How will private-sector investments factor in to the overall success of December's anticipated Paris climate agreement? During today's OnPoint, Ned Helme, president of the Center for Clean Air Policy, discusses the financing framework that will be needed to ensure the goals of a Paris agreement are met. He also talks about the role of coal internationally and how its expanding use in some countries impacts efforts to reduce emissions.
Monica Trauzzi: Hello and welcome to OnPoint. I'm Monica Trauzzi. With me today is Ned Helme, president of the Center for Clean Air Policy. Ned, thanks for coming back on the show. Nice to see you.
Ned Helme: Thanks, Monica -- always a pleasure.
Monica Trauzzi: Ned, all the major emitters have set targets for reducing emissions ahead of December's Paris meeting. What have you been most surprised by in the country pledges we've seen recently?
Ned Helme: Well, you know, the biggest piece to me is the breadth of activity. One hundred fifty countries, almost 90 percent of the emissions are in. You know, we wanted it back in the Copenhagen days, you know, five, six years ago. We wanted all the countries to join together and rise up and we couldn't do it, and now you're seeing it. Everybody's in. Everybody -- you know, a dime or a dollar, but everybody's in to this deal. And we're seeing some very bold plans. I mean, Brazil has an absolute target tougher than the United States' target. Would you have ever predicted that five years ago? I mean, they're saying 37 percent below 2005 by 2025. Our target is 26 to 26 by 2030 below 2005. So you know, it's a new world out there. India, the one who's dragged its feet the most over all these years, saying 40 percent of our energy will be non-fossil by 2030. That's quadruple how much they have today. I mean, and this is a country that's growing, that's got to use coal and so on -- amazing.
And then you look at the little guys, you know? Morocco -- 32 percent, big renewables, Laos doing all this stuff, local stuff with forestry, 30 percent reduction. It's spread and there's a real sense, a palpable sense that everybody's on board. And I think they're beginning to see this as an opportunity not just to do greenhouse gases but also sustainable development, health, other things. So that's the story line. It really is exciting.
Monica Trauzzi: Much of the success of any climate agreement hinges on financing. Do you believe that developed countries will hit their target of $100 billion by 2020?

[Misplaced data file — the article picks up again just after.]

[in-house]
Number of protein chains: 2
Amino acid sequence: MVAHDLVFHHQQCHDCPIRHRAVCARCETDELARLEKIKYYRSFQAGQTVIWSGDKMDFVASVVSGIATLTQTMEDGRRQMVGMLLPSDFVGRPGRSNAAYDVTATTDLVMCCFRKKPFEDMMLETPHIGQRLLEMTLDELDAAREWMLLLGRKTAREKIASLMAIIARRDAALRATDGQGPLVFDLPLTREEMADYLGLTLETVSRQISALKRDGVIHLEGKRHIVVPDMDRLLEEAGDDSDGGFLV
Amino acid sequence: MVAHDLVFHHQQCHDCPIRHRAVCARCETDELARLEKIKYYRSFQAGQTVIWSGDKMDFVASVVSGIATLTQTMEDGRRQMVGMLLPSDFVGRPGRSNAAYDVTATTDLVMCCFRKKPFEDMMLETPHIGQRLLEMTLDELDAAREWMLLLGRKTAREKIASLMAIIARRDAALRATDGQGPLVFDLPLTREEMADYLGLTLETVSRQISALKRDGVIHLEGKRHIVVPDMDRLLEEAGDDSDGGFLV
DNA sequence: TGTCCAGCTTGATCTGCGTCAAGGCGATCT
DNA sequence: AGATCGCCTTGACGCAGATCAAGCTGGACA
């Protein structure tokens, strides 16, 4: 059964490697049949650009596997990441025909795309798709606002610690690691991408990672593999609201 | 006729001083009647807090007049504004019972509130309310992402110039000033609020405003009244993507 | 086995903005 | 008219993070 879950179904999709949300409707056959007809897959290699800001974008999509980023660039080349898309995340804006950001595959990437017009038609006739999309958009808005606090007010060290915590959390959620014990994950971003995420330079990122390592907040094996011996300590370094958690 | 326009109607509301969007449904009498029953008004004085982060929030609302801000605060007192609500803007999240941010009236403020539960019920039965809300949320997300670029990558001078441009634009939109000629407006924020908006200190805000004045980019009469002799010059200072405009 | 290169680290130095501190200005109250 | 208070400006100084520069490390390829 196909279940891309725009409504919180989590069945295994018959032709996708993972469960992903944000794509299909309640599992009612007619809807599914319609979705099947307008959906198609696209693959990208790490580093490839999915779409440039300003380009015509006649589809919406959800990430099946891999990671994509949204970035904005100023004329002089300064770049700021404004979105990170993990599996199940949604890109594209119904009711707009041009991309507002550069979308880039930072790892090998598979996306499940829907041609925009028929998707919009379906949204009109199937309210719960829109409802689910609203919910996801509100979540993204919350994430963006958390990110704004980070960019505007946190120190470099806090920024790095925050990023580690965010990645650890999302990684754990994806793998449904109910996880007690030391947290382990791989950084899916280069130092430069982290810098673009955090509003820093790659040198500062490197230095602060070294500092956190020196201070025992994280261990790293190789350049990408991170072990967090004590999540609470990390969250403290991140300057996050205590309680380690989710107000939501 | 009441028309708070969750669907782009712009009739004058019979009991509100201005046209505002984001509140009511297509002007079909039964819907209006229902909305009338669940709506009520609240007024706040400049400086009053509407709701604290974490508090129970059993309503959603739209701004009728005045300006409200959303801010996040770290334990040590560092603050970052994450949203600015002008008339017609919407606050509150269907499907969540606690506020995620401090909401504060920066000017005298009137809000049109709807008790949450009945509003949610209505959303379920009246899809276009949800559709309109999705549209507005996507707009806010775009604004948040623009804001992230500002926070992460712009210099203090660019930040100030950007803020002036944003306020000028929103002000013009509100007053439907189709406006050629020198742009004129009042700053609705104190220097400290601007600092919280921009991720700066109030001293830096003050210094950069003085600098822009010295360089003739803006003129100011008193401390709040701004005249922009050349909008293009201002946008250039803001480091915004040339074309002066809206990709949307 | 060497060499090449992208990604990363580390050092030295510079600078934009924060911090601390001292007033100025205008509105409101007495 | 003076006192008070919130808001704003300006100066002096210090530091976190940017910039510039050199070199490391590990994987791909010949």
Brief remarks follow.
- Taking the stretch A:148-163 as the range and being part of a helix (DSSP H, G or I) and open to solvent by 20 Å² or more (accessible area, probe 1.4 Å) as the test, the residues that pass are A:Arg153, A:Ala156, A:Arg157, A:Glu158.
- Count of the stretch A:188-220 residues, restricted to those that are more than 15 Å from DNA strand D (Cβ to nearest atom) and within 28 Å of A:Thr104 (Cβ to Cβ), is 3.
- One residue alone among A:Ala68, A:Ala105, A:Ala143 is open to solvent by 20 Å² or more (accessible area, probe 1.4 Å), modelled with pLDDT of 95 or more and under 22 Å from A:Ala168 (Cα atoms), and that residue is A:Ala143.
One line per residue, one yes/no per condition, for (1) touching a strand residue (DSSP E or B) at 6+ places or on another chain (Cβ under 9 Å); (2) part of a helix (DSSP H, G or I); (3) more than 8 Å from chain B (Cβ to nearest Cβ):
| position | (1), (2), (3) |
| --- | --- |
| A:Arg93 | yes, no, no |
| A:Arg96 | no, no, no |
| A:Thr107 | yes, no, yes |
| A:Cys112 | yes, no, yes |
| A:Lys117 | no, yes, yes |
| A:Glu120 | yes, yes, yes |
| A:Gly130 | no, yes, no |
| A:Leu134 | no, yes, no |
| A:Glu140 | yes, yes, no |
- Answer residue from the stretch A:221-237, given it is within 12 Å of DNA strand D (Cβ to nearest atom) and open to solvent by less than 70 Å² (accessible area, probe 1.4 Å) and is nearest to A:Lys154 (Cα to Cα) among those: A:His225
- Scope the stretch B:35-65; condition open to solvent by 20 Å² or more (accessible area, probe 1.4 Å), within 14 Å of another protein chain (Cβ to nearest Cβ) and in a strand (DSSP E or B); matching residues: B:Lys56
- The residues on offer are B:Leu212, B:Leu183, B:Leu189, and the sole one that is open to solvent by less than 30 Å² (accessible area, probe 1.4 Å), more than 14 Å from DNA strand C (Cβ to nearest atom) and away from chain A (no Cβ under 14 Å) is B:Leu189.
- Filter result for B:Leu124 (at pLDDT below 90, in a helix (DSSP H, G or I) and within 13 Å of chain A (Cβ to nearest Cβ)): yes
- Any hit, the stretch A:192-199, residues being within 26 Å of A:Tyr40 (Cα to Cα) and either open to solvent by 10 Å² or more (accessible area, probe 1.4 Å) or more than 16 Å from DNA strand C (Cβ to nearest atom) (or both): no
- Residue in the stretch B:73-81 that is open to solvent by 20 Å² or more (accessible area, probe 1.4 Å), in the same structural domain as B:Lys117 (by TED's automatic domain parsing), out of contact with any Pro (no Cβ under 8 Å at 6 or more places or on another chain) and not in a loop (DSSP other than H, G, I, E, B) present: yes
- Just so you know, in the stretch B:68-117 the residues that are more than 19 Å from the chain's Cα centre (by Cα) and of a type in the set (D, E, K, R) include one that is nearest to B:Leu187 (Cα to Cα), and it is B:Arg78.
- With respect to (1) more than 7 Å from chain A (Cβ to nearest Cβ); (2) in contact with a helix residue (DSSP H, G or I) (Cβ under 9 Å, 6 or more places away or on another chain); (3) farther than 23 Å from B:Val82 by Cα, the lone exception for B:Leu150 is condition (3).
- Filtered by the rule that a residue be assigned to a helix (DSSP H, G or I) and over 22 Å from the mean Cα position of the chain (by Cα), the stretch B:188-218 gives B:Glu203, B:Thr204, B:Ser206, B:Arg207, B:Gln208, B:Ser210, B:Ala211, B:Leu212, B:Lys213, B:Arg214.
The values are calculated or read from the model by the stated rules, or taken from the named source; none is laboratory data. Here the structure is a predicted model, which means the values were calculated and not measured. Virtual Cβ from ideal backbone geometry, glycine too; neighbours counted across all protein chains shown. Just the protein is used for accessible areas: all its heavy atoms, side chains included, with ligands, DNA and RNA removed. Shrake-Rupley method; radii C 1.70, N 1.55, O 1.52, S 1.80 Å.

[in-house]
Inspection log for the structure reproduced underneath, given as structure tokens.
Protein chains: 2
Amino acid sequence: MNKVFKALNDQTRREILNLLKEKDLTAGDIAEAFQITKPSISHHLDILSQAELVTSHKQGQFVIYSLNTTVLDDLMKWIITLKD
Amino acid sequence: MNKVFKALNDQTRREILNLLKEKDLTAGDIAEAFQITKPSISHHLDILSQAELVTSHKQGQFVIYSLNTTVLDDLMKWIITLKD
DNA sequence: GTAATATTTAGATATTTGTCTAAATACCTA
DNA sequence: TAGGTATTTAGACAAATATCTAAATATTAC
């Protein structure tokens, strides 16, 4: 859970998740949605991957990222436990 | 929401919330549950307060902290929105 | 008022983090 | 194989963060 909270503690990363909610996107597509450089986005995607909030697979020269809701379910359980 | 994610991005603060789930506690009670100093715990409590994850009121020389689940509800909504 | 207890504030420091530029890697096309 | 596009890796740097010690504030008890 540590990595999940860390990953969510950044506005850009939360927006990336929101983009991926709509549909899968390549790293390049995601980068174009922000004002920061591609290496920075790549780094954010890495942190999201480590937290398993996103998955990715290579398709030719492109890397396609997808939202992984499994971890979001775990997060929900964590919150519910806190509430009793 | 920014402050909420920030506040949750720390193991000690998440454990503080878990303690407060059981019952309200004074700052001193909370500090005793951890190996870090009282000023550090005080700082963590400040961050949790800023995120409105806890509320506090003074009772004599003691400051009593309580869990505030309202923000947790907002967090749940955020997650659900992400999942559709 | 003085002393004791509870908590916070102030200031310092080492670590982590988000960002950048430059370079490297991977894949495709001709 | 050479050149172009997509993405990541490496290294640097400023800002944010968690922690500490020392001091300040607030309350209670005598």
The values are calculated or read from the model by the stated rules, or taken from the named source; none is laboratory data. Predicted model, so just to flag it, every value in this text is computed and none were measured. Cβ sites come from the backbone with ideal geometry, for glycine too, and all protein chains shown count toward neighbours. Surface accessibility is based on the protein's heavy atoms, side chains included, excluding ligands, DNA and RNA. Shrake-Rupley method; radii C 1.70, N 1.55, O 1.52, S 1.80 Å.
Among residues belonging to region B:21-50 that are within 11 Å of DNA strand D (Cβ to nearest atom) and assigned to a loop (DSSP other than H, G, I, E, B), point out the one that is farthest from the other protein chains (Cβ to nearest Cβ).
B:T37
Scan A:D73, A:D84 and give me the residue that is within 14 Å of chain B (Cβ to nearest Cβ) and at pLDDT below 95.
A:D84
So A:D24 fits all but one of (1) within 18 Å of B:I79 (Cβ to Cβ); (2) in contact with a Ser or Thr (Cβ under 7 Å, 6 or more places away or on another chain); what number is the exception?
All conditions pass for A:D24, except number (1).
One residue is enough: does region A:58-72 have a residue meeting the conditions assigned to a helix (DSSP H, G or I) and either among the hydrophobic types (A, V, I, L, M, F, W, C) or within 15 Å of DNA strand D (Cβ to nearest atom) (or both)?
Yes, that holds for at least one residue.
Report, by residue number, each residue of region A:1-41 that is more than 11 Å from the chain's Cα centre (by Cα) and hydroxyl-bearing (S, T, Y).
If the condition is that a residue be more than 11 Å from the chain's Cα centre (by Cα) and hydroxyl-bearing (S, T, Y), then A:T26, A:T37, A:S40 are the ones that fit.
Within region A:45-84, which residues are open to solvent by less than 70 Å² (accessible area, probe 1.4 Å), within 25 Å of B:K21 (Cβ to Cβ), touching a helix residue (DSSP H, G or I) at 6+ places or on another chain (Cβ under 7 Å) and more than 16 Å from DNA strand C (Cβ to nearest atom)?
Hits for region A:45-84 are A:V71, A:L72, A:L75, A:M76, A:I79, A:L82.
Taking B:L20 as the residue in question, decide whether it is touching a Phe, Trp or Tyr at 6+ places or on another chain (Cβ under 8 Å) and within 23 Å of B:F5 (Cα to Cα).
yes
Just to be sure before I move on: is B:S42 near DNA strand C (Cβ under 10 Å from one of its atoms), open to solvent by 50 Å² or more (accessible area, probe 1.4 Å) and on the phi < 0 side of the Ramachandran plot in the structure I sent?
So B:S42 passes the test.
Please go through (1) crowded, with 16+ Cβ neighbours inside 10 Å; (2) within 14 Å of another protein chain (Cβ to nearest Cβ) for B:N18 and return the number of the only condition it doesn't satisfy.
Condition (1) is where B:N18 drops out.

Ned Helme: I do. I really do. I mean, we're already at -- according to the CPI, the OECD group that looks at this -- we're at $62 billion in 2014, so I think we'll get to $100 billion. Remember the $100 billion is a combination of private and public, so the public money leverages private investment in things. But there's an even bigger chunk of money out there in the true private sector, the Bank of America, you know, last year the insurance companies, the pension funds, all stepping up and saying, "We're going to put money in this direction if you can show us projects and things to invest in," so very encouraging.
Monica Trauzzi: So that private financing is going to be really instrumental.
Ned Helme: Absolutely.
Monica Trauzzi: What's being done to secure that financing and ensure that it gets to the right place?
Ned Helme: Well, the big piece is you've got the big level commitments. So we're going to see these commitments in Paris. You know, I think December 5th all the big industrial players come forward. I think we'll see some very good stuff. The test will be -- Paris is the start. The French have done a great job. They've laid the groundwork for Paris. I think we'll have a good agreement. But the test will be after Paris how do I translate that plan from Morocco into real investments that those private-sector people can put their money into? You know, that's the key question.
Monica Trauzzi: The Clean Power Plan continues to face criticism here in the United States. How are you expecting the plan and the politics behind it to play in Paris?
Ned Helme: I think it'll be seen very positively. You know, this has changed the perception globally of the president and of the U.S. We're now a positive force. We weren't in the days of Copenhagen six years ago. You know, we were positive at the last minute. We did some good things, the president did some good things, but that whole thinking has shifted and CPP is a big part of it. I mean, people look at it and say: "I get it. They're actually going to make these plants. Coal is going down. Coal prices are going down. This is really happening." So I think it's really helped us.